Micro: Chapter 1 - Introduction to Microbes and Their Building Blocks
Micro: Chapter 1 - Introduction to Microbes and Their Building Blocks Bio 221
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This 5 page Class Notes was uploaded by Savannah Carter on Friday August 26, 2016. The Class Notes belongs to Bio 221 at College of Western Idaho taught by Teresa Rich in Fall 2016. Since its upload, it has received 76 views. For similar materials see Microbiology in Biology at College of Western Idaho.
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Date Created: 08/26/16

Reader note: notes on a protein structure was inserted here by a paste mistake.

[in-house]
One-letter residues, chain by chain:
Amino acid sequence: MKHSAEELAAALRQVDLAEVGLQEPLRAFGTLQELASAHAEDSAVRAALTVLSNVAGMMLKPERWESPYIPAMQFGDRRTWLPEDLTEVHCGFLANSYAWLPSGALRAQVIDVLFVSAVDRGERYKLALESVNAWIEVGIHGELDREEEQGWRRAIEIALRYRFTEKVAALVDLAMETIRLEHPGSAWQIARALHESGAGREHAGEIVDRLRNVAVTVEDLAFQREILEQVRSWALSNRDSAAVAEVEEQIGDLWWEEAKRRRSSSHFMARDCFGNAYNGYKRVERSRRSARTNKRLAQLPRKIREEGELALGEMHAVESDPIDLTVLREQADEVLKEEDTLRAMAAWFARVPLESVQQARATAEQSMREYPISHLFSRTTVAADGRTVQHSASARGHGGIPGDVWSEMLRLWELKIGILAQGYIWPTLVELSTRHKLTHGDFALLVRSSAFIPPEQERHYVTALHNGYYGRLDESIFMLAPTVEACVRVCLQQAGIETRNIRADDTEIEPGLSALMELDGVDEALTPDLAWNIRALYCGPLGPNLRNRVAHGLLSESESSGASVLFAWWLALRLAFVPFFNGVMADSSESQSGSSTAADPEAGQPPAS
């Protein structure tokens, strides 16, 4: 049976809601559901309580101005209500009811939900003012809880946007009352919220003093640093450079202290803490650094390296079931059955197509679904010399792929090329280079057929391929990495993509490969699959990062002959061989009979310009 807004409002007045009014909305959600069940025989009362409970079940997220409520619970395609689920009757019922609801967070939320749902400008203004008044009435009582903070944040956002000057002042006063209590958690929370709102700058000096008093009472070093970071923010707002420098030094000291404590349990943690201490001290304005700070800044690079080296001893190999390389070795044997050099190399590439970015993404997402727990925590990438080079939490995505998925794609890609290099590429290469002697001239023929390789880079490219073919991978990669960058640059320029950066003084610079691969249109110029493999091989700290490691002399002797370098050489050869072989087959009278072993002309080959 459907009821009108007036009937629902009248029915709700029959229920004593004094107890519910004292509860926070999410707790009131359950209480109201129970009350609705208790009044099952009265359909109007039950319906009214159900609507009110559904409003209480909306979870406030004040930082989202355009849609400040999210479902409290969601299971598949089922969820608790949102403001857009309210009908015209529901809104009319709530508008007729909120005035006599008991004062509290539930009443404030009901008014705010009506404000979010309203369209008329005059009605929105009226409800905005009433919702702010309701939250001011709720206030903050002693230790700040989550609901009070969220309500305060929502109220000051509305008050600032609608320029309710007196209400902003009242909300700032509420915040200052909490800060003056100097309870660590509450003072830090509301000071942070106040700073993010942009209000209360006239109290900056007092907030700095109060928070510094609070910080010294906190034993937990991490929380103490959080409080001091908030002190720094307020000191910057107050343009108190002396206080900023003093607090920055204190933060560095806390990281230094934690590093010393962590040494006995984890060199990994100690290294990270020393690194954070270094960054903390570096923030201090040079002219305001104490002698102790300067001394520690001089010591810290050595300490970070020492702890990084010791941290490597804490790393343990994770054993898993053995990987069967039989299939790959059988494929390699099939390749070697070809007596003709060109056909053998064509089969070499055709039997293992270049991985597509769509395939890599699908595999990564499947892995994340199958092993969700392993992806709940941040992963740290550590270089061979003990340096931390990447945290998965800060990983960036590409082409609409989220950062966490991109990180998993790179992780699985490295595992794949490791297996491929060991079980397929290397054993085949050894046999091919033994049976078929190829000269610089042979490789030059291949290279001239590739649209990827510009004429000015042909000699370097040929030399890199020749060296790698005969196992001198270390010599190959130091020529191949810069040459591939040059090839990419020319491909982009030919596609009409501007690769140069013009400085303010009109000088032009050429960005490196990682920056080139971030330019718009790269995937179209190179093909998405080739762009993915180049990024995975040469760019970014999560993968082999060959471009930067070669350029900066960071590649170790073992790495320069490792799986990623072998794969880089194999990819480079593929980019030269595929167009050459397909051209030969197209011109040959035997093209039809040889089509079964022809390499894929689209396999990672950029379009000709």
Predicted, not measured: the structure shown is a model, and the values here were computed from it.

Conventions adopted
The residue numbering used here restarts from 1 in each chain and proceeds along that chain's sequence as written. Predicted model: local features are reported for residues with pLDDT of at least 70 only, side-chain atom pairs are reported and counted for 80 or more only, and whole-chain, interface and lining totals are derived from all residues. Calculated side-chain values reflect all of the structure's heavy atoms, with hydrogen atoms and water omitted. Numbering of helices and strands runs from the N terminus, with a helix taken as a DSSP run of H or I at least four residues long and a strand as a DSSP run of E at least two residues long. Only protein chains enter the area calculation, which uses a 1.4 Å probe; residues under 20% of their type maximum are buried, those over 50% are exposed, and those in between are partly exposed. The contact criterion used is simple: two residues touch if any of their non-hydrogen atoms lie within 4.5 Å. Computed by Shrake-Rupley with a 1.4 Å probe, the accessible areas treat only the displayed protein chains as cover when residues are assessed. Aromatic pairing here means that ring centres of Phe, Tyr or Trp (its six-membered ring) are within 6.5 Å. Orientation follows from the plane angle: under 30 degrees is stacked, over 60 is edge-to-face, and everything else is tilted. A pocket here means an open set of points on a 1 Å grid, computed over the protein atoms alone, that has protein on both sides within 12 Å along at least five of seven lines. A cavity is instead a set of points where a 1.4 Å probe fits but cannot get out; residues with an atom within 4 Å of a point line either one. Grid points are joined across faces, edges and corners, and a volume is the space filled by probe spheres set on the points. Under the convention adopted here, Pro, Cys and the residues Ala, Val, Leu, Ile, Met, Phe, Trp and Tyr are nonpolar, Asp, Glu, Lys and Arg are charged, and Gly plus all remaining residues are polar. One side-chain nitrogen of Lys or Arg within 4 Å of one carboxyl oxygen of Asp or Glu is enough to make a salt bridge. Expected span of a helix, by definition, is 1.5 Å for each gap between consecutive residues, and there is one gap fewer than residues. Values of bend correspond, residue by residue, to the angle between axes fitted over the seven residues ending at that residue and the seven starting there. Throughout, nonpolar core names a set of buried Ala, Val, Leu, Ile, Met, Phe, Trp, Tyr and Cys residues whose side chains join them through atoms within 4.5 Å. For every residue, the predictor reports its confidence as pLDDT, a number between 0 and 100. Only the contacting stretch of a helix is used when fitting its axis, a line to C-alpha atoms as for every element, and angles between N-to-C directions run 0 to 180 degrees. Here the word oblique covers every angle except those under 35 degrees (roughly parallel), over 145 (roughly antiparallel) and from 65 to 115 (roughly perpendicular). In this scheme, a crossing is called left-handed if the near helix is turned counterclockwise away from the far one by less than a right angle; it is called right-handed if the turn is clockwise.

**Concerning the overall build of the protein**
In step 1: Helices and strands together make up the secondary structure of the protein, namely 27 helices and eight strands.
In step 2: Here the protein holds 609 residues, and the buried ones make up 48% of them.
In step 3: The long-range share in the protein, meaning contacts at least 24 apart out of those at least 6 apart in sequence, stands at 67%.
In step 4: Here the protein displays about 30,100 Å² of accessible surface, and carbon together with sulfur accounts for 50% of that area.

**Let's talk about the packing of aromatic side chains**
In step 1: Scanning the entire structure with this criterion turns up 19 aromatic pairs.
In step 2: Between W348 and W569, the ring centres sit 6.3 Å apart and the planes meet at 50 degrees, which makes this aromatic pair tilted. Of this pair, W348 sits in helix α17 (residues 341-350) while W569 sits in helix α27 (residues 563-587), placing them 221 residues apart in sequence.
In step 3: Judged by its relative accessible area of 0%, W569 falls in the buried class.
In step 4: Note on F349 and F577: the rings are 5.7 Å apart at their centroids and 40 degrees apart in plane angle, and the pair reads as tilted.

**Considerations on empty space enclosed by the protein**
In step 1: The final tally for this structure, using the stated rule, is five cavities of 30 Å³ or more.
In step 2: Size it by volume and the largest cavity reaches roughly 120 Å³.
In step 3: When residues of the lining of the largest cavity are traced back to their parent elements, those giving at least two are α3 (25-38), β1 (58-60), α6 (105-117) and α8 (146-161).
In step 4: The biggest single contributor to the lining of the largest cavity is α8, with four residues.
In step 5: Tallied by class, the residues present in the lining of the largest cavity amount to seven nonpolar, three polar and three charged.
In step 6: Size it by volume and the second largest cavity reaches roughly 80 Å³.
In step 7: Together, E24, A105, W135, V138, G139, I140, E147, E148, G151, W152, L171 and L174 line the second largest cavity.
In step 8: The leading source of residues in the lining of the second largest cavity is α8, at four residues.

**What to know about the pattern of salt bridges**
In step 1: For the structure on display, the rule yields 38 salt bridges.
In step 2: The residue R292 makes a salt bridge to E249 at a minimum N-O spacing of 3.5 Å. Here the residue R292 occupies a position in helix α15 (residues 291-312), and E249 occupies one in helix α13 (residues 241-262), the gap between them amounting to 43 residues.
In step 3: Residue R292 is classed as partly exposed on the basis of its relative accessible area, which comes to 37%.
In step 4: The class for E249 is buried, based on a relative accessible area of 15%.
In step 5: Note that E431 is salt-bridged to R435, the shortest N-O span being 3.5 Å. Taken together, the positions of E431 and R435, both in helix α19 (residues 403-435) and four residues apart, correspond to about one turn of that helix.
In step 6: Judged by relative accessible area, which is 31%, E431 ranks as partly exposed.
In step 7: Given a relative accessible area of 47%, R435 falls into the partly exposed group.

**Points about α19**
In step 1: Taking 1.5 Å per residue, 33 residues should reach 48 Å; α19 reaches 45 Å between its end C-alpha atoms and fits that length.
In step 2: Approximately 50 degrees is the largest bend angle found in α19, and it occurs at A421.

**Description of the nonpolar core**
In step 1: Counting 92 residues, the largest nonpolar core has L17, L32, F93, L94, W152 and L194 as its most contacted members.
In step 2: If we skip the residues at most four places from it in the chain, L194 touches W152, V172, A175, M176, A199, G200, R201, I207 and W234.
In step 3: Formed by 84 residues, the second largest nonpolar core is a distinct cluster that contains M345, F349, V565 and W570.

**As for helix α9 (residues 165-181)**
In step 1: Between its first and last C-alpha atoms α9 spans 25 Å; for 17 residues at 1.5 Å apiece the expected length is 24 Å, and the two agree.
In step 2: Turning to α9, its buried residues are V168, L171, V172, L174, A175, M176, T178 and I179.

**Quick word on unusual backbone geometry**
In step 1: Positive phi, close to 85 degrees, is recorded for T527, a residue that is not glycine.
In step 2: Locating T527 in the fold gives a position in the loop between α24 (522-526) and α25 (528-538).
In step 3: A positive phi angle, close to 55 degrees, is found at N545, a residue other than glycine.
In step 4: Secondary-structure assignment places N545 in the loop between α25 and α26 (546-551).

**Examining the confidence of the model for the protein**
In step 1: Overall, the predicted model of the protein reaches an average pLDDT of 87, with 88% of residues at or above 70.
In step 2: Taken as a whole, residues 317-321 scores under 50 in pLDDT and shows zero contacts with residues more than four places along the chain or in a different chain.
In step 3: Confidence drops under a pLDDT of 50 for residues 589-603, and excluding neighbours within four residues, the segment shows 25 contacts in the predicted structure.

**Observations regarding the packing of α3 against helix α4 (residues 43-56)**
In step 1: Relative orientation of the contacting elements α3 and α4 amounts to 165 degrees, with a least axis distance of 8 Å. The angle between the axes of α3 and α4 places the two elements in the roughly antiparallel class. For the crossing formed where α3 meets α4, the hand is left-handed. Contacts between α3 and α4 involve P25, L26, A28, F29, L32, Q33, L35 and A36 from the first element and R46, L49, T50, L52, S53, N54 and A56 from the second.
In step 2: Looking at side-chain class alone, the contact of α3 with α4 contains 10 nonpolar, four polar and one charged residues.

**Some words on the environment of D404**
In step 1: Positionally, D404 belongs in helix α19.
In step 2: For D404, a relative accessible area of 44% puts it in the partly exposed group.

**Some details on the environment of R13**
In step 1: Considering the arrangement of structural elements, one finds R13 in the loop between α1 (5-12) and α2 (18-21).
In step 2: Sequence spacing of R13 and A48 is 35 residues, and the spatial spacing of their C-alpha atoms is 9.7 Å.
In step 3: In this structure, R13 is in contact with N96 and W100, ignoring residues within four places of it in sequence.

Microbiology: Chapter 1 – Introduction to Microbes and Their Building Blocks Types of Microorganisms o Bacteria o Archaea o Protozoa o Fungi o Helminths o Viruses Microbes and the Planet o Prokaryote: cell without a nucleus Stromatolite fossils found The first to photosynthesize Still do most of the photosynthesis on the planet Ubiquitous: Found in every environment (earth’s crust, oceans, ice caps, intestines) o Evolution The adaptation of living organisms Every species shows some variation The better adapted animals survive Favorable genetic differences are passed on to the offspring o Theory An idea that has a lot of data to support it, a predictive value, but hasn’t been completely proven Microbes and Humans o Humans Using Microbes Domestication Microbes make cheese, yogurt, bread, alcohol, acetone Biotechnology: humans manipulating microbes to make products industrially Microbes make rubbing alcohol, human insulin, and antibiotics Genetic Engineering Manipulates the genetics of microbes to make things like insulin o Recombinant DNA technology: transferring genetic material from one organism to another Insert the gene for human insulin into a microbe and use the microbe as a host to produce more insulin Bioremediation: the ability of microbes to clean up toxic pollutants Certain forms of bacteria and yeast eat petroleum o Used to clean up oil spills o Microbes Using Humans Emerging Diseases New Diseases Noninfectious Infectious Cancer – linked to viruses What Are They? o Cellular Organization Eukaryotes Have a nucleus Enclosed in a membrane Have mitochondria Sometimes have chloroplasts Can be multicellular or unicellular Prokaryotes Do not have a nucleus or organelles 10x smaller Always unicellular o Types of Microorganisms Helminths Biggest Eukaryotic Multicellular Microscopic eggs and larva Transmitted the same as other infectious agents Immune system responds to them the same as other infectious agents Fungi Eukaryotic Yeasts, molds, mushrooms Recycle cellulose Algae Eukaryotic Use photosynthesis (using light to convert CO2 to organic material and oxygen) Protozoa Eukaryotic Unicellular Some are pathogenic Anything that is eukaryotic, but not a helminth, fungus, or algae Bacteria Prokaryotic Unicellular Peptidoglycan in cell walls Some are pathogenic Produce most of the oxygen in the atmosphere Some use photosynthesis Viruses Acellular Have genetic material wrapped in a capsid Some are pathogenic Macromolecules o Carbohydrates Monomer: monosaccharide Polymer: polysaccharide Provide cellular fuel Composed of carbon, hydrogen, and oxygen in a 1:2:1 ratio Made of sugars Monosaccharides (one chain) o Used for quick energy o Glucose o Fructose o Galactose Disaccharides (two chains) o Sucrose o Maltose o Lactose Polysaccharides (many chains) o Cellulose (fiber - we cannot digest) o Glycogen o Lipids Not made of monomers and polymers Can’t dissolve in water Supply and store energy Made of glycerol and fatty acids Triglyceride: 1 glycerol + 3 fatty acids Phospholipid: 1 glycerol + 2 fatty acids + 1 phosphate group o Make phospholipid bilayers of cell membranes o Hydrophilic head and hydrophobic tail Always align themselves in water with the heads on the outside (in contact with the water), and the tails protected on the inside Wax: fatty acids and alcohol Steroids: ringed structure o Cholesterol Saturated Saturated with hydrogen No double bonds Solid at room temperature Unsaturated Not saturated with hydrogen More than 1 double bond (kinks in the chain) Liquid at room temperature o Proteins Monomer: Amino Acids Polymer: Polypeptide Made of a combo of 20 different amino acids Carboxyl group + amino group + side chain Each amino acid differs in its R group Structures Primary order of amino acids, linear Secondary alpha helix, beta sheets Tertiary Quaternary Functions Cell surface receptors Enzymes Transport molecules Antibodies o Nucleic Acids Made of nucleotides 5 carbon sugar (ribose) Phosphate group Nitrogenous base o Adenine o Guanine o Cytosine o Thymine o Uracil Functions Energy Transfer o Adenosine Triphosphate (ATP) Has 3 phosphate groups o Adenosine Diphosphate (ADP) Has given up one phosphate group to release energy Now has 2 phosphate groups Can be converted back to ATP + o NAD NADH A hydrogen is added and energy is released o FAD FADH 2 Two hydrogens are added and energy is released Information Transfer o DNA Double Helix shape Pairing Adenine + Thymine Cytosine + Guanine Found in chromosomes o RNA One strand Pairing Adenine + Uracil Cytosine + Guanine Found in ribosomes Messenger RNA (mRNA) A copy of a gene that provides the order and types of amino acids in a protein Transfer RNA (tRNA) A carrier tht delivers the correc amino acids for protein assembly Ribosomal RNA (rRNA) A major component of ribosomes
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